Judge In Halkett Trial Reserves Decision

Thursday, May 07, 2009 at 15:54



The trial of a northern Saskatchewan woman accused of abandoning her newborn baby in a Wal-Mart washroom has wrapped up.


Crown prosecutor Jennifer Claxton-Viczko says this is one of the worst cases of child abandonment she has ever seen.


In her closing arguments, she attempted to poke holes in the defence’s case for April Halkett.


Claxton-Viczko argued it was clear Halkett knew or strongly suspected she was pregnant by the fact she took three pregnancy tests.


She also pointed out that Halkett had informed her family she was expecting during an earlier pregnancy that resulted in a miscarriage.


Claxton-Viczko added questions over who the baby’s father was may have caused Halkett to conceal the pregnancy and not want it.


She also noted Halkett only picked up the phone to call police after her brother informed her the police were looking for her — and that her mother told her to step forward.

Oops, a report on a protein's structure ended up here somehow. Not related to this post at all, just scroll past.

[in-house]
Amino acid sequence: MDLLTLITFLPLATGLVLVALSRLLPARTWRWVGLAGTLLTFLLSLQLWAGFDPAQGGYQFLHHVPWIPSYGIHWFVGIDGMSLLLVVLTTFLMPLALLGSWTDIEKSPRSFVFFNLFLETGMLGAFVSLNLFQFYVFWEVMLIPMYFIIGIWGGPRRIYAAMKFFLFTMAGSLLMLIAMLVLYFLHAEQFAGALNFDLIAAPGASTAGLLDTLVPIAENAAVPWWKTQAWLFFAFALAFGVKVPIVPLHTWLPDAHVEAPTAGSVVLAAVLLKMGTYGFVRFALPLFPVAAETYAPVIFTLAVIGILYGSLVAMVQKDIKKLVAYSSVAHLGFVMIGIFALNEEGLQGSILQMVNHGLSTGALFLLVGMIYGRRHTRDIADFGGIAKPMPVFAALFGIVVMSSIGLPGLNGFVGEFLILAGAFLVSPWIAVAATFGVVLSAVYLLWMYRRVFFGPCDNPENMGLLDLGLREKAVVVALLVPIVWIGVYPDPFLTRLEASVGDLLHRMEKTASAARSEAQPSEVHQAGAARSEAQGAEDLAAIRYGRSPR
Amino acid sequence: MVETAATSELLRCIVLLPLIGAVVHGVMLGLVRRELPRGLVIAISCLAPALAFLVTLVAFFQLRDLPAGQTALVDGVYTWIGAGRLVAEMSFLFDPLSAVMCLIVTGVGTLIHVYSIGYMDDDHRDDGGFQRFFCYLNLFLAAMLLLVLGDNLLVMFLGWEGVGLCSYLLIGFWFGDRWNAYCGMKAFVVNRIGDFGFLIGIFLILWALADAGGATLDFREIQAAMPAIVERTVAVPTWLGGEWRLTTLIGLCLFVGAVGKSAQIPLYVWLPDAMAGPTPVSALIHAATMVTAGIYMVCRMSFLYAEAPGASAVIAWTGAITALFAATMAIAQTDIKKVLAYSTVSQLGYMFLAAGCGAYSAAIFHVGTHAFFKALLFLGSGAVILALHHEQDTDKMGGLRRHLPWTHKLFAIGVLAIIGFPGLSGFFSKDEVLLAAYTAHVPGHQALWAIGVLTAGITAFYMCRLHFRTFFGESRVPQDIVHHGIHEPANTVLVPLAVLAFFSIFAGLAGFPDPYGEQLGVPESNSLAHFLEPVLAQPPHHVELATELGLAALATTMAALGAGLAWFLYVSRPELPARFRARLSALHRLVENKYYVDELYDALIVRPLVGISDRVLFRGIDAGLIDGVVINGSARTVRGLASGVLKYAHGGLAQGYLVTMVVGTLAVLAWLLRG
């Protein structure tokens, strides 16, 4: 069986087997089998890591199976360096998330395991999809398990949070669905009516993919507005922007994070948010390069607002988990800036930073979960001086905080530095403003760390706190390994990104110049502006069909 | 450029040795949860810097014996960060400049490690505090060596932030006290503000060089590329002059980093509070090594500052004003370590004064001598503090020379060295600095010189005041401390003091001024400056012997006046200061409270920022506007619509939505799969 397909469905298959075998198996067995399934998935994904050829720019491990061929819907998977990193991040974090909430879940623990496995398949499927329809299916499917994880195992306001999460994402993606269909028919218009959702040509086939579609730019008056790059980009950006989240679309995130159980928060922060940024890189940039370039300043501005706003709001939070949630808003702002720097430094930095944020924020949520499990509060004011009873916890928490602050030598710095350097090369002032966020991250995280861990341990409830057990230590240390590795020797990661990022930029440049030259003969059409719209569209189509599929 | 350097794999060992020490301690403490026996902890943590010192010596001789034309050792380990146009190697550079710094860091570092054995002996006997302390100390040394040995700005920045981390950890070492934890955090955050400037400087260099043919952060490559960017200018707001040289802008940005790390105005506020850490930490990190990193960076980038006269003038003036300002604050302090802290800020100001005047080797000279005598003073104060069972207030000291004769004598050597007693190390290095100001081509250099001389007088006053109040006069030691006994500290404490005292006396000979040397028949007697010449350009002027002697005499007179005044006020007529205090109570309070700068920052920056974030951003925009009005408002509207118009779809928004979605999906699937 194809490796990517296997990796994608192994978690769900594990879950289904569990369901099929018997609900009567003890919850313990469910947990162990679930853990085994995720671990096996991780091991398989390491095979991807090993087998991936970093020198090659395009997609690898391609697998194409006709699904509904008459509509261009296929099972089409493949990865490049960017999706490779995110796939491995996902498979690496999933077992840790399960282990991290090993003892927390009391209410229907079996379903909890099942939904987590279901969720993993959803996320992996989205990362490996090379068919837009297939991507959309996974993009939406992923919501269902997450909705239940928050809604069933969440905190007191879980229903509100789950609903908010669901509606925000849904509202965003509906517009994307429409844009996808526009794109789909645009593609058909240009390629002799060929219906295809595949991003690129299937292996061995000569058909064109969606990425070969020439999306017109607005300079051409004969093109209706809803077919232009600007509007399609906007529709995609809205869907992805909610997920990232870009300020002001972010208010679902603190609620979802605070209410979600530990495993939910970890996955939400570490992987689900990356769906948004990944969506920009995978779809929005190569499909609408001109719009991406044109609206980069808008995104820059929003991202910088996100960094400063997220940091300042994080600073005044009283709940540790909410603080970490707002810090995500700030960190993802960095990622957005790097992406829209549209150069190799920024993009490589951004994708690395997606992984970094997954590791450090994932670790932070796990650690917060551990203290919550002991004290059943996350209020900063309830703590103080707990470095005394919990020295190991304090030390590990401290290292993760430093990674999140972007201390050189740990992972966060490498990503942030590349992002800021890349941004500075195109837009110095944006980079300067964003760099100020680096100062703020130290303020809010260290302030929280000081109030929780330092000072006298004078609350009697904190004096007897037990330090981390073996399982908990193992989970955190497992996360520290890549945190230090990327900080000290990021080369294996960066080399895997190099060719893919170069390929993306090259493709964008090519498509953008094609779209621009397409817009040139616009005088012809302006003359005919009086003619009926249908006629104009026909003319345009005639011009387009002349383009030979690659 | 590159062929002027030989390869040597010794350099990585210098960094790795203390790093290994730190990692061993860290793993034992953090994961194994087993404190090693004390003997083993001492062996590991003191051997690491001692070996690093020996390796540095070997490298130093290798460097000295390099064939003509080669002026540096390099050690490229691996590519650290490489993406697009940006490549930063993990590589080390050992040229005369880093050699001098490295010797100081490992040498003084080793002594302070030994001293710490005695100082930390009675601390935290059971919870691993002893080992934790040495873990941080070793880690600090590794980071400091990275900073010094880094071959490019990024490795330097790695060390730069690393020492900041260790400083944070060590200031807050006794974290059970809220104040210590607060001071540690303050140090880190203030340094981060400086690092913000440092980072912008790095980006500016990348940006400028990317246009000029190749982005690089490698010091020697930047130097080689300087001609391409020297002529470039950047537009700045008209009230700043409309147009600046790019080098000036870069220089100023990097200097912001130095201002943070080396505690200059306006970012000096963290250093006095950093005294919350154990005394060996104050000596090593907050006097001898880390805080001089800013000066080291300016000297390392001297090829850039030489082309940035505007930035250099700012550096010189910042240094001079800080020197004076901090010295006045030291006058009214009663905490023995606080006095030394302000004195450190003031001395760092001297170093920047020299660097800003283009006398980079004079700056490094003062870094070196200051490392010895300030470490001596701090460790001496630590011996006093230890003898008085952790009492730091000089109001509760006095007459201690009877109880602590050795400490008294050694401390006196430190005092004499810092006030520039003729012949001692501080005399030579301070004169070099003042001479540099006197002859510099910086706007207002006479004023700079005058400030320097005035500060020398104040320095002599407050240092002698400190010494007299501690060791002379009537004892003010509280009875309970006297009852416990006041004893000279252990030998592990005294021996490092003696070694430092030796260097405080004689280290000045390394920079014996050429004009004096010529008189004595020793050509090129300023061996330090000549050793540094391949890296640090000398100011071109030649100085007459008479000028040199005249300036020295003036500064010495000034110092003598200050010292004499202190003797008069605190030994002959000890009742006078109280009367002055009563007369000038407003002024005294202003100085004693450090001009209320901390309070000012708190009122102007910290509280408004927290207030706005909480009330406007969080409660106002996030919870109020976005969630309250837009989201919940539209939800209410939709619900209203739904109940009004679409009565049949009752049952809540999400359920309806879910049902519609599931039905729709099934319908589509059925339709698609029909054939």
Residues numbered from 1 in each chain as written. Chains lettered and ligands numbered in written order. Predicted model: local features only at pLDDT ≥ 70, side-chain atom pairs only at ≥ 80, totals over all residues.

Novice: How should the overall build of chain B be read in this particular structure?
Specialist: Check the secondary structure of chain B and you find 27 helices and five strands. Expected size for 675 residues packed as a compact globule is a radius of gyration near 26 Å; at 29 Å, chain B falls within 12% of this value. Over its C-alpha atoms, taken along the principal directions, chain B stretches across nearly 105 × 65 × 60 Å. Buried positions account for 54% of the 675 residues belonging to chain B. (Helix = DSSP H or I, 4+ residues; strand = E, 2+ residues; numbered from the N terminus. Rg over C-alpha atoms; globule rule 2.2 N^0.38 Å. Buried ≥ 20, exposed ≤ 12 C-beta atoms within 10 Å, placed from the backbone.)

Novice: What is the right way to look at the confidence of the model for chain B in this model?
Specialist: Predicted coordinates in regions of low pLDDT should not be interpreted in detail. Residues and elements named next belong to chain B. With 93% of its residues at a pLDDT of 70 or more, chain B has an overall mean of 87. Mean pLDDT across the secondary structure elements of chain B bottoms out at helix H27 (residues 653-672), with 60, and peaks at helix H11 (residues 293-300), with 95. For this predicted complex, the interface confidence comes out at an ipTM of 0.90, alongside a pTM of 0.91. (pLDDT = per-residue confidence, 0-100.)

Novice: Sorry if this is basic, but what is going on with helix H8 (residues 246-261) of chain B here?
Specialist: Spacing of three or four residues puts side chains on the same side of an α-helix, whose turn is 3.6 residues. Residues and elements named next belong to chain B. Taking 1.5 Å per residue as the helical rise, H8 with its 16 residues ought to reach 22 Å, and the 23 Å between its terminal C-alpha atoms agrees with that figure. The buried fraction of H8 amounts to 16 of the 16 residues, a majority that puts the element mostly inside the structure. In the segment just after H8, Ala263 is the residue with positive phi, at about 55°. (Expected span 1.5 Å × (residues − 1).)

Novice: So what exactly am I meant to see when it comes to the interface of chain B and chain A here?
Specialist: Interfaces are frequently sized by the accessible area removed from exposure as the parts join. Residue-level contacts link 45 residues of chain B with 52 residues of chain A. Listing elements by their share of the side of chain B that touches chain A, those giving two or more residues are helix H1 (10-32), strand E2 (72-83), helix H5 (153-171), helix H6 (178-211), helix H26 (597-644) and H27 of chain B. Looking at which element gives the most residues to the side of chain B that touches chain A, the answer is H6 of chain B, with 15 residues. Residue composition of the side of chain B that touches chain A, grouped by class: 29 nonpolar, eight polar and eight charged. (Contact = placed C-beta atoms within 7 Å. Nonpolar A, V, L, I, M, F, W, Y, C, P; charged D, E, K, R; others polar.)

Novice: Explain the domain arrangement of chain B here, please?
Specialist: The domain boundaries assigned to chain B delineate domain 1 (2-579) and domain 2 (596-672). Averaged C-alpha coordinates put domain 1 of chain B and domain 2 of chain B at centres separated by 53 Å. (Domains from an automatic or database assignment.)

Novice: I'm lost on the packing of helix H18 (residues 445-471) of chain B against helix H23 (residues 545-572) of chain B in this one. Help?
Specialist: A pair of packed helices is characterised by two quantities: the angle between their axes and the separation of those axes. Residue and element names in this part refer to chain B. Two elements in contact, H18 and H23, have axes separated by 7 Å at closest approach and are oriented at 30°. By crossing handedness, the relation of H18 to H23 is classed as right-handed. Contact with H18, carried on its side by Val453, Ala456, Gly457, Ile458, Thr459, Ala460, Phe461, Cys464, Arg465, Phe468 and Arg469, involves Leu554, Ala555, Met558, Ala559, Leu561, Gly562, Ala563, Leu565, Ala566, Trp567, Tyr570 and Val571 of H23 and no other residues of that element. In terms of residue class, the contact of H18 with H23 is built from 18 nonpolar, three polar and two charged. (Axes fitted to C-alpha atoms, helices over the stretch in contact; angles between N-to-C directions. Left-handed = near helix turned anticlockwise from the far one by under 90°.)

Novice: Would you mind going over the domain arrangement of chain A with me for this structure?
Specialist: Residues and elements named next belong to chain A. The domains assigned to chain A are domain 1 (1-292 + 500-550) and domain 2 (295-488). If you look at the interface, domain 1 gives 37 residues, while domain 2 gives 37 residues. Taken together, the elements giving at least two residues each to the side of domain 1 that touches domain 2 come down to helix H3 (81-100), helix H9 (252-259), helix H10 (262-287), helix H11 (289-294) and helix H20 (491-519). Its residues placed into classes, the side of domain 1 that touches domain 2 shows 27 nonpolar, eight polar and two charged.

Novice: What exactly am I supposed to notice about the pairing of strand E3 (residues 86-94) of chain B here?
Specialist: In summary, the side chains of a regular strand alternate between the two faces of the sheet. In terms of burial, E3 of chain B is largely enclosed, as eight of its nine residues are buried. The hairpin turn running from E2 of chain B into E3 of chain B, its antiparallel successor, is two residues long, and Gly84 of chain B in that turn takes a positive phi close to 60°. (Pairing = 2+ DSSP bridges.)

Claxton-Viczko also didn’t buy a doctor’s testimony that women who give birth in such a rushed manner can be shocked or disoriented.


She said Halkett was aware enough to drop wads of toilet paper over the baby, and to clean blood off her hands and the floor before leaving the store.


She added things could have been different if only Halkett had picked the baby up and called for help.


The defence painted a much different story.


Lawyer A.J. Krishan said the evidence shows Halkett thought she was leaving a dead fetus in the toilet, not a baby.


He pointed to testimony from other witnesses who said the baby was purplish-blue and not moving.


He also cited testimony from a paramedic who initially referred to the baby as a “non-breathing fetus” in a police report.


Krishan noted Halkett was extremely co-operative with police throughout the investigation.


And he said the Crown hadn’t been able to find any inconsistencies in her statements despite the fact it has had them for two years.


He told jurors this case should be considered a mistake of fact because Halkett never knew she was pregnant.


Krishan concluded by saying Halkett’s statements are credible, and argued the Crown is asking the judge to draw conclusions that aren’t supported by the evidence.


Justice Neil Gabrielson asked both lawyers if they knew of any similar cases he could study.


Both told him “no”.


Gabrielson has reserved his decision until June 24th.